So I’m trying to automate the cirtical path of an iOS application. I’ve already got the basics down with getting the application loaded, and started. Even have the tests logging in. Sort of.

Like many applications, on start it can be in many states on start. Such as authenticated, anonymous, or just plain loading. Right now I’m getting a missing selector, we’ll call it the hamburgler…My current theory is the driver is searching for this element on start but before the screen has actually finished loading. First step is to add a one second delay maybe? Hmm…helps if I don’t uninstall the application.

In short the script is setup to boot a new simulator or use the one instructed on the command line. While developing I’ve found it’s a lot quicker to boot the simulator and run from Xcode. Keep an instance of Appium running and I’ve got a super fast edit-test cycle going there. There is one more slow part, when Appium initial gets up and running. For whatever reason it displays the annoying network connection firewall exception dialog. The one that warns bad things could happen becuase it’s not signed by someone who has an Apple certificate. Funny part is Appium builds this application every time your against the simulator…so it should trust my own binaries. At least in my opinion.

So I borked Appium. Like entirely. kill -9 style. It intercepts SIGINT, which makes sense since is drives other procs. But kind of silly there isn’t a better way to hand it. Maybe SIGSTOP. Well, I done messed up; wrong AppId, which you need to use. Now everything that works! Yay!

Overall I think Ruby is an awesome language for this kind of work. Types often change and you don’t need to care exactly what you are talking about. UI Automation is a fuzzy art in my opinion. A lot of cases the question comes up “does this view quak in the way I expect?”. Benefit of buidling out UI automation is sometimes you find interesting ways to break the application because of timing problems or the testing script crashing in places you would have never exiteded the application from.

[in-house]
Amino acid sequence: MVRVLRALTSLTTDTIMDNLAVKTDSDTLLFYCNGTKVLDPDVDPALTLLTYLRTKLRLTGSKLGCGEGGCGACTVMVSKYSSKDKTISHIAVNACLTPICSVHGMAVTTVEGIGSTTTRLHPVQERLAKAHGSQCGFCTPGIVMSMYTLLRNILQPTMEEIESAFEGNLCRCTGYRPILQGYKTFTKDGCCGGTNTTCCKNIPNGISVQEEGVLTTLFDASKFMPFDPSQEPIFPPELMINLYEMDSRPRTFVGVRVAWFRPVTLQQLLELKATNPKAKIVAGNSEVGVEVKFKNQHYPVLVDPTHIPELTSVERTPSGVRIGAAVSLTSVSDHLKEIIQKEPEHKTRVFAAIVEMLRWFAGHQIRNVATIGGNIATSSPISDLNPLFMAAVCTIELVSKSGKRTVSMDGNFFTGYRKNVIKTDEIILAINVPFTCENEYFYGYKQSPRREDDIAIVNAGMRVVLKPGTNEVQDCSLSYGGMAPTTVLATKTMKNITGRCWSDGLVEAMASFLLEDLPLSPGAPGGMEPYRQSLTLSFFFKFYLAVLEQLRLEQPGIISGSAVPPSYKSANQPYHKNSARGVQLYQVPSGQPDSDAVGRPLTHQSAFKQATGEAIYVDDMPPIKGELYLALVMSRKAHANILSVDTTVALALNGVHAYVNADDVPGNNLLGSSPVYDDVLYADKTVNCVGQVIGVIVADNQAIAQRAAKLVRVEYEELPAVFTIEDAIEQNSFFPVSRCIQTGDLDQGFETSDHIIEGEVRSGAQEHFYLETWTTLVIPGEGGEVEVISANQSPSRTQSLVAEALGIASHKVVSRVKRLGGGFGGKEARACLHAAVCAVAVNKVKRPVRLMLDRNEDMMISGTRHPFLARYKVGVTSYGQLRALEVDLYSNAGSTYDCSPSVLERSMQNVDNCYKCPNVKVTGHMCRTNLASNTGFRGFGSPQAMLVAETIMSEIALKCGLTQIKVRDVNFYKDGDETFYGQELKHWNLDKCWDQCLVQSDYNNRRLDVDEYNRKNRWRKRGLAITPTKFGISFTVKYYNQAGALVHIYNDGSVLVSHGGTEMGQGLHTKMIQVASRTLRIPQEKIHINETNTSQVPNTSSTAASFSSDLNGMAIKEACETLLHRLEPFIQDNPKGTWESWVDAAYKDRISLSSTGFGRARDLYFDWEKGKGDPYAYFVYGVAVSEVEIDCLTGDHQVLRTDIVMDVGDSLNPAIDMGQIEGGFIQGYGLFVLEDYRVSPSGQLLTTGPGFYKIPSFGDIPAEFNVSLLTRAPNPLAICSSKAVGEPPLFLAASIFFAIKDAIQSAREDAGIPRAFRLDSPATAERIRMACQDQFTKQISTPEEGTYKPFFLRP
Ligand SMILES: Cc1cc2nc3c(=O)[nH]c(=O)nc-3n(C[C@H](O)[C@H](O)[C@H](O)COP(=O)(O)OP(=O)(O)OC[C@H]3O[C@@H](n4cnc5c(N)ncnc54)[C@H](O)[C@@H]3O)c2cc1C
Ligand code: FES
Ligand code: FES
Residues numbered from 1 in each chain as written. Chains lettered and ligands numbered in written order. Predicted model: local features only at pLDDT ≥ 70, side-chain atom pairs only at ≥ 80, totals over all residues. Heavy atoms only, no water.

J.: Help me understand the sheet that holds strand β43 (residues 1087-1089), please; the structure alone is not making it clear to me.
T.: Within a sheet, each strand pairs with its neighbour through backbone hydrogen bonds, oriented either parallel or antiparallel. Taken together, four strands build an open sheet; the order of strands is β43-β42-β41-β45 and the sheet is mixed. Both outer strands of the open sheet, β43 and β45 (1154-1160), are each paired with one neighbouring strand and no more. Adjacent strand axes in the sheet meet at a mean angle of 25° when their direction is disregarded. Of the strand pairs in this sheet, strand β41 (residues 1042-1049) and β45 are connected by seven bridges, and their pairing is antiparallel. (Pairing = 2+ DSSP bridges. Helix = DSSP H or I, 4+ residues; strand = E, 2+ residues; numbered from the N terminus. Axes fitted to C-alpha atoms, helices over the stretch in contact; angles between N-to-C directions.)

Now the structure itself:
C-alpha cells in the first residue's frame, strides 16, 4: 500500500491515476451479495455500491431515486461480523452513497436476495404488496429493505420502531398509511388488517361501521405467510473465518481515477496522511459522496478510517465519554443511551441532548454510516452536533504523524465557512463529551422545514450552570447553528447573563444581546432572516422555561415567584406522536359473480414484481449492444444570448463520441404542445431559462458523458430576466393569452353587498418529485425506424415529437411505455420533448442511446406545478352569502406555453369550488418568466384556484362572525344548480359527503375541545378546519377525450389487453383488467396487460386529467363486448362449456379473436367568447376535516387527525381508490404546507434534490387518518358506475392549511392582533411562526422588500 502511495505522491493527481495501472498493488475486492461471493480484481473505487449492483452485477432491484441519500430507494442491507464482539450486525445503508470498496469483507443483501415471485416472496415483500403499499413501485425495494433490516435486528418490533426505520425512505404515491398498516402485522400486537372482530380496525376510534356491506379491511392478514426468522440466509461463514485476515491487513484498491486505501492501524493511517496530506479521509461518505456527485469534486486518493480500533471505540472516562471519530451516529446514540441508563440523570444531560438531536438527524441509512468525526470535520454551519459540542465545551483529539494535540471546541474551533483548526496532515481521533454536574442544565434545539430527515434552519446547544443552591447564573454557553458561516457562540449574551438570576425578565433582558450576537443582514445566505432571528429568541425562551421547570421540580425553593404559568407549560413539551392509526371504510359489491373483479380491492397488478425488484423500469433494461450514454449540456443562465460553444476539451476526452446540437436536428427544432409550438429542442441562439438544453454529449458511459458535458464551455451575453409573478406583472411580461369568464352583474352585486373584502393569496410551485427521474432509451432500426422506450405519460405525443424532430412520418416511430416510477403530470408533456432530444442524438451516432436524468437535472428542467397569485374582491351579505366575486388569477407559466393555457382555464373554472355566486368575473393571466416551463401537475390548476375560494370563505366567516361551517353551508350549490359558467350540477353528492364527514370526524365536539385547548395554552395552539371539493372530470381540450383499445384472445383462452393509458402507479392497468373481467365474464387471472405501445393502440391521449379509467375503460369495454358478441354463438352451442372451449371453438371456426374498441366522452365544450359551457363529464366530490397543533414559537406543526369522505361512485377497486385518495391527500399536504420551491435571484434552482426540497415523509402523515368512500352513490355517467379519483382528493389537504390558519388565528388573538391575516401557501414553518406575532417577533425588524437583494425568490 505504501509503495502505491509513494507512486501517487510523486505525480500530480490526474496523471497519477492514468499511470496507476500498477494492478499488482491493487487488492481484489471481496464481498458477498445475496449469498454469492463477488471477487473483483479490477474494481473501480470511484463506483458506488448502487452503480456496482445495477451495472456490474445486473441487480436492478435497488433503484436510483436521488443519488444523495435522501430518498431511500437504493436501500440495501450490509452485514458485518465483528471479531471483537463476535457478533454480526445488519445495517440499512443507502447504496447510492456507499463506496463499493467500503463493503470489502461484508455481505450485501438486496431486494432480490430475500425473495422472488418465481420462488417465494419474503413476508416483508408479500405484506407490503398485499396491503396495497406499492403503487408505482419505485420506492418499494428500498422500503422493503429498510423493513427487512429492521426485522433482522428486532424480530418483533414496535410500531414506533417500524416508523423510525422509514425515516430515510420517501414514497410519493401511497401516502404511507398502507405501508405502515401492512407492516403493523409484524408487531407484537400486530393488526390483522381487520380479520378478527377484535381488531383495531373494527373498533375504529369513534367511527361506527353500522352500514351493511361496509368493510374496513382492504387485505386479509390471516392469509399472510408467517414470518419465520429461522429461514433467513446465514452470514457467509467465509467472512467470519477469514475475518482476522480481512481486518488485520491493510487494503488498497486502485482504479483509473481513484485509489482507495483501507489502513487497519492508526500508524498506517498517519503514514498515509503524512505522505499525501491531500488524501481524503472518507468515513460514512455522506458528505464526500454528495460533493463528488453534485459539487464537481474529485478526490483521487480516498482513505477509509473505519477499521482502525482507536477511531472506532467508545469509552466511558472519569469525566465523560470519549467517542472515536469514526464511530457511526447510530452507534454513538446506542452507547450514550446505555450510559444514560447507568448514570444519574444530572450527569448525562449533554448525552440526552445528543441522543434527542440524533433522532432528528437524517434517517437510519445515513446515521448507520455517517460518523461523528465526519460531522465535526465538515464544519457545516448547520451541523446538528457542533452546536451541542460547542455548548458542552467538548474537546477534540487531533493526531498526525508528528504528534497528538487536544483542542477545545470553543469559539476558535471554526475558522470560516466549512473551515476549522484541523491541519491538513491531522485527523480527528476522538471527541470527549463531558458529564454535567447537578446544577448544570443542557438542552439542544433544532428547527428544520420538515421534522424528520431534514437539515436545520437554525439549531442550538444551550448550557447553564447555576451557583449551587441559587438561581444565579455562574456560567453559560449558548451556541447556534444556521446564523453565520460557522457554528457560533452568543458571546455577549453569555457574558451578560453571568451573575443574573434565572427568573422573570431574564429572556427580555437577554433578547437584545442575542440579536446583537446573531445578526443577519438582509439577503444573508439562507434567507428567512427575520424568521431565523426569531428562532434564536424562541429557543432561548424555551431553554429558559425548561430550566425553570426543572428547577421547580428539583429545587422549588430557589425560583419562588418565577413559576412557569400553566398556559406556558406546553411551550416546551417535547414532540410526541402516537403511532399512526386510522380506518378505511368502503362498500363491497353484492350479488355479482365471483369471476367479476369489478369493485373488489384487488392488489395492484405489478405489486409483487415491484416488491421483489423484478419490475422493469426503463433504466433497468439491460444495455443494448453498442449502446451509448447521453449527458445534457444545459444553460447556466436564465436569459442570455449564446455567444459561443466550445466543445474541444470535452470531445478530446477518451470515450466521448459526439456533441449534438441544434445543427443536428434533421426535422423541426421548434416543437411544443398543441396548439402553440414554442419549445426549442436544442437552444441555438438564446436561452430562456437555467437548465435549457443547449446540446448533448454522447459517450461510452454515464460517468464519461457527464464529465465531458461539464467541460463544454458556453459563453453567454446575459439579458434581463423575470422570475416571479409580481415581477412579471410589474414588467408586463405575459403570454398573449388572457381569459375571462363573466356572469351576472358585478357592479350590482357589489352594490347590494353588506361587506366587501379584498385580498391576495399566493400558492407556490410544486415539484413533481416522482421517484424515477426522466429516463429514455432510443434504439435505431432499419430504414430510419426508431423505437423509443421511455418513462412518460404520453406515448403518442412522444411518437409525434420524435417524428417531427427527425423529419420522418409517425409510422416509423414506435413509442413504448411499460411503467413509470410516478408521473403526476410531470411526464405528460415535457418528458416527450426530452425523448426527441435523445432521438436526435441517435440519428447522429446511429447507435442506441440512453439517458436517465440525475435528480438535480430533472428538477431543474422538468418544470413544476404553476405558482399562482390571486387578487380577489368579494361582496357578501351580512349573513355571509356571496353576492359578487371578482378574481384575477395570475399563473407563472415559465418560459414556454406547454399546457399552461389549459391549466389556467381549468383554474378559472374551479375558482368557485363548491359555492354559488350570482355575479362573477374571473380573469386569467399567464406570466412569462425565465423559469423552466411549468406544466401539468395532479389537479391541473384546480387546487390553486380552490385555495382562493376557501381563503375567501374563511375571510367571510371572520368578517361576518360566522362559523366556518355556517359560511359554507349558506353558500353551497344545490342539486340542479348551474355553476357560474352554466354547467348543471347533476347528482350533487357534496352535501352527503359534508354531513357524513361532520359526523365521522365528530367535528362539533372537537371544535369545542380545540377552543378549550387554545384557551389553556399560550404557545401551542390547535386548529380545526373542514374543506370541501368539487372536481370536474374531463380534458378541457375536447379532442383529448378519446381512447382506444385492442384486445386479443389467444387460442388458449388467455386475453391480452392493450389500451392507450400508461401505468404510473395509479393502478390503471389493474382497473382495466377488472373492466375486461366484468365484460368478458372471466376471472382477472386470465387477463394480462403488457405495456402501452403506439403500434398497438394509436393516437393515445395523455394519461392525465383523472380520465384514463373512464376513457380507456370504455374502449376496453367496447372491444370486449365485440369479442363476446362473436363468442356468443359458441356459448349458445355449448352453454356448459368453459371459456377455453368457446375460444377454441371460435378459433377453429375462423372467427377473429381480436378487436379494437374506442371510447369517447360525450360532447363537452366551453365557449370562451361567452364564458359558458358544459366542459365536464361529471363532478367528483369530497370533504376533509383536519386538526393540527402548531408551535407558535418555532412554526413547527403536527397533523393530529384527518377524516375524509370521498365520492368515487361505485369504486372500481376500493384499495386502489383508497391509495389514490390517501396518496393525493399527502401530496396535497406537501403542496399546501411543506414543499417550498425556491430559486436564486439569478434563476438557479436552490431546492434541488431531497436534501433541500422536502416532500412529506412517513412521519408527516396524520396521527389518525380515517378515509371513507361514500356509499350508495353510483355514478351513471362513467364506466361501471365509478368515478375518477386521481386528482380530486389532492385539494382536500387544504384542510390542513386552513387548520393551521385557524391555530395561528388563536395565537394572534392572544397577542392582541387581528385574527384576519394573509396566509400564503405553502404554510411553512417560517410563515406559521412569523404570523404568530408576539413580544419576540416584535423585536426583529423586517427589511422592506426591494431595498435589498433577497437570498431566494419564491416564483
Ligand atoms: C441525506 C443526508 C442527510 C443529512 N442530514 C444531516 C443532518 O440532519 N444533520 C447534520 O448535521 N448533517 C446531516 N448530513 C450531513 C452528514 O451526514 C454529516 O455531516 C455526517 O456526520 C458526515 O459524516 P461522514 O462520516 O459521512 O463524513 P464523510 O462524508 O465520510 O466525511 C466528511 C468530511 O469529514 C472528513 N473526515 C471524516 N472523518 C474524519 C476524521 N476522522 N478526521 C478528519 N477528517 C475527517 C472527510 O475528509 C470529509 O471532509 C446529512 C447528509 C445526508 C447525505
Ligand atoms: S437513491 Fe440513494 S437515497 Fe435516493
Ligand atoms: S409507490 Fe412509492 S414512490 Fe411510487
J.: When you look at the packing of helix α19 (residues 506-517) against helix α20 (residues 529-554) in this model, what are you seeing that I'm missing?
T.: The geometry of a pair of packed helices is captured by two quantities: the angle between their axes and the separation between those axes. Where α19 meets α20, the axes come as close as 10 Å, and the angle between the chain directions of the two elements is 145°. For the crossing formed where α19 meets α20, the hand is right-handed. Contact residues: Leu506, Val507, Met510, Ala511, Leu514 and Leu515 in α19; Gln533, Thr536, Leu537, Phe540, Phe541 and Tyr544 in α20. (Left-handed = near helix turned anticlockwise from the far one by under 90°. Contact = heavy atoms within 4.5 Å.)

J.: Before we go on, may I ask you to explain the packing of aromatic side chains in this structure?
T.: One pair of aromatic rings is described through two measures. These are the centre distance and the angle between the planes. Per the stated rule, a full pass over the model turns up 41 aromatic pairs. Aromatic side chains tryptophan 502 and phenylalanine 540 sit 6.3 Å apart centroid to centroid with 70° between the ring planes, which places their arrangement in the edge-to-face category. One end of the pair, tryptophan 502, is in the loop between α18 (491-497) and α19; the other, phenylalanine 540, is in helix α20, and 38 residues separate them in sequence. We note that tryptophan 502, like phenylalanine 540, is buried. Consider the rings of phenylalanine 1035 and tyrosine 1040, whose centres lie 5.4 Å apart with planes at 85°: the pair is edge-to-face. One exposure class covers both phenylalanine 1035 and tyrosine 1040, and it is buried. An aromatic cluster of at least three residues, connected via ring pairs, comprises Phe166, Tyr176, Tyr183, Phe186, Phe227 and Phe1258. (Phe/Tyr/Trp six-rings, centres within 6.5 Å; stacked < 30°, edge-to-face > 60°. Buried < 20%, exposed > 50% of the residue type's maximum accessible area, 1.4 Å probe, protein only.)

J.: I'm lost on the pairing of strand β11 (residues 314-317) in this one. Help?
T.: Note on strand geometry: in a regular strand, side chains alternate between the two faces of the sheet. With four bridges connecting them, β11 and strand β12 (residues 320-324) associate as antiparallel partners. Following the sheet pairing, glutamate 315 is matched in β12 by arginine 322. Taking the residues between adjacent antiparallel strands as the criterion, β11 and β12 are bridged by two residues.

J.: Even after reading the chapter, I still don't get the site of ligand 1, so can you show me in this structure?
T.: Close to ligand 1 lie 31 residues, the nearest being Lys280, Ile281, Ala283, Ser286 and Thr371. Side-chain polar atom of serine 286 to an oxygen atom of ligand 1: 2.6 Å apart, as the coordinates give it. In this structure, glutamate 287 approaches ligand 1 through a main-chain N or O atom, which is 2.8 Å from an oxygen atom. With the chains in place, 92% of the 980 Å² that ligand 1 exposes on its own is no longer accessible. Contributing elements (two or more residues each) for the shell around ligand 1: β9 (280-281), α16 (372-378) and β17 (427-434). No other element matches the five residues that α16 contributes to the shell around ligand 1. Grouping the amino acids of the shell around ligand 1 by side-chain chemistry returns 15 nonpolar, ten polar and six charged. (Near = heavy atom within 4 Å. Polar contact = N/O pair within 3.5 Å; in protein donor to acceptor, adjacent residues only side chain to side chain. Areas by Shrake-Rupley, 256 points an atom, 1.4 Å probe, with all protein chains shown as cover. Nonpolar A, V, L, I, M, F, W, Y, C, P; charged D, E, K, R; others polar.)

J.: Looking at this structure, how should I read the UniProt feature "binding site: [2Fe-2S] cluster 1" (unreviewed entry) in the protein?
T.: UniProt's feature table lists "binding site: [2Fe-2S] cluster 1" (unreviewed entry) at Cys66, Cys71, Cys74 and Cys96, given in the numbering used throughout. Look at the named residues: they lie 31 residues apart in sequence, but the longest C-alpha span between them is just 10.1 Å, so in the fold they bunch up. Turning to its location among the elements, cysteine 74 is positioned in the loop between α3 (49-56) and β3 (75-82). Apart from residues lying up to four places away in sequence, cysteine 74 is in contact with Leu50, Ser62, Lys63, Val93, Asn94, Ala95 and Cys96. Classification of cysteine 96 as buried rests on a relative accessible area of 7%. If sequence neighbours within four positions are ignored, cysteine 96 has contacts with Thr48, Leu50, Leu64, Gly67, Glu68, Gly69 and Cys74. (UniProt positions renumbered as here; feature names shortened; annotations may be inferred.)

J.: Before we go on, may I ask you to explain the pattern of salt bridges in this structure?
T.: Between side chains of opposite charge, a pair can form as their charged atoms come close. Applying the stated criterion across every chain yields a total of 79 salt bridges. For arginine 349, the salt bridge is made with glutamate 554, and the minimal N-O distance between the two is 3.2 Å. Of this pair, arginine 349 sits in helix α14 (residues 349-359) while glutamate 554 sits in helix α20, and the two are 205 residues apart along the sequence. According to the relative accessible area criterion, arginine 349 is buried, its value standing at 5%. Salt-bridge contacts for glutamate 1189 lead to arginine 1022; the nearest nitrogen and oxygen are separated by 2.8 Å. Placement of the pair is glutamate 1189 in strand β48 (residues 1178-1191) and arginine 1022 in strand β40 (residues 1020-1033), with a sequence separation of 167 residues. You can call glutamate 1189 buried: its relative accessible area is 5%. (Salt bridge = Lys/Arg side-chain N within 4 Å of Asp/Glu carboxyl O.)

A problem I’ve repeatedly encountered is how to push information between view controllers while using correct optionality. As in we have a number of UIViewControllers which require specific objects or data structure to perform their responsibility…but I haven’t found a good method for communicating such information. For now I’m using something along the lines of var criticalData : SomeType! and in the viewWillAppear(Bool) I’ll do guard criticalData != nil else { logError(); abort; }. That is really horrible but I don’t have a better method to enforce data requirements yet.

So upon furhter thinking about it, I actually started using the pattern:

extension ProjectVC {
	func responsibilityOfViewController( arrows : Quiver ){
		let vc = storyboard.instantiateViewControler( "Target" ) as! TargetVC
		vc.quiever = arrows
		navigationController.pushViewControllre( vc, animate: true )

Or something like that. You get the gist.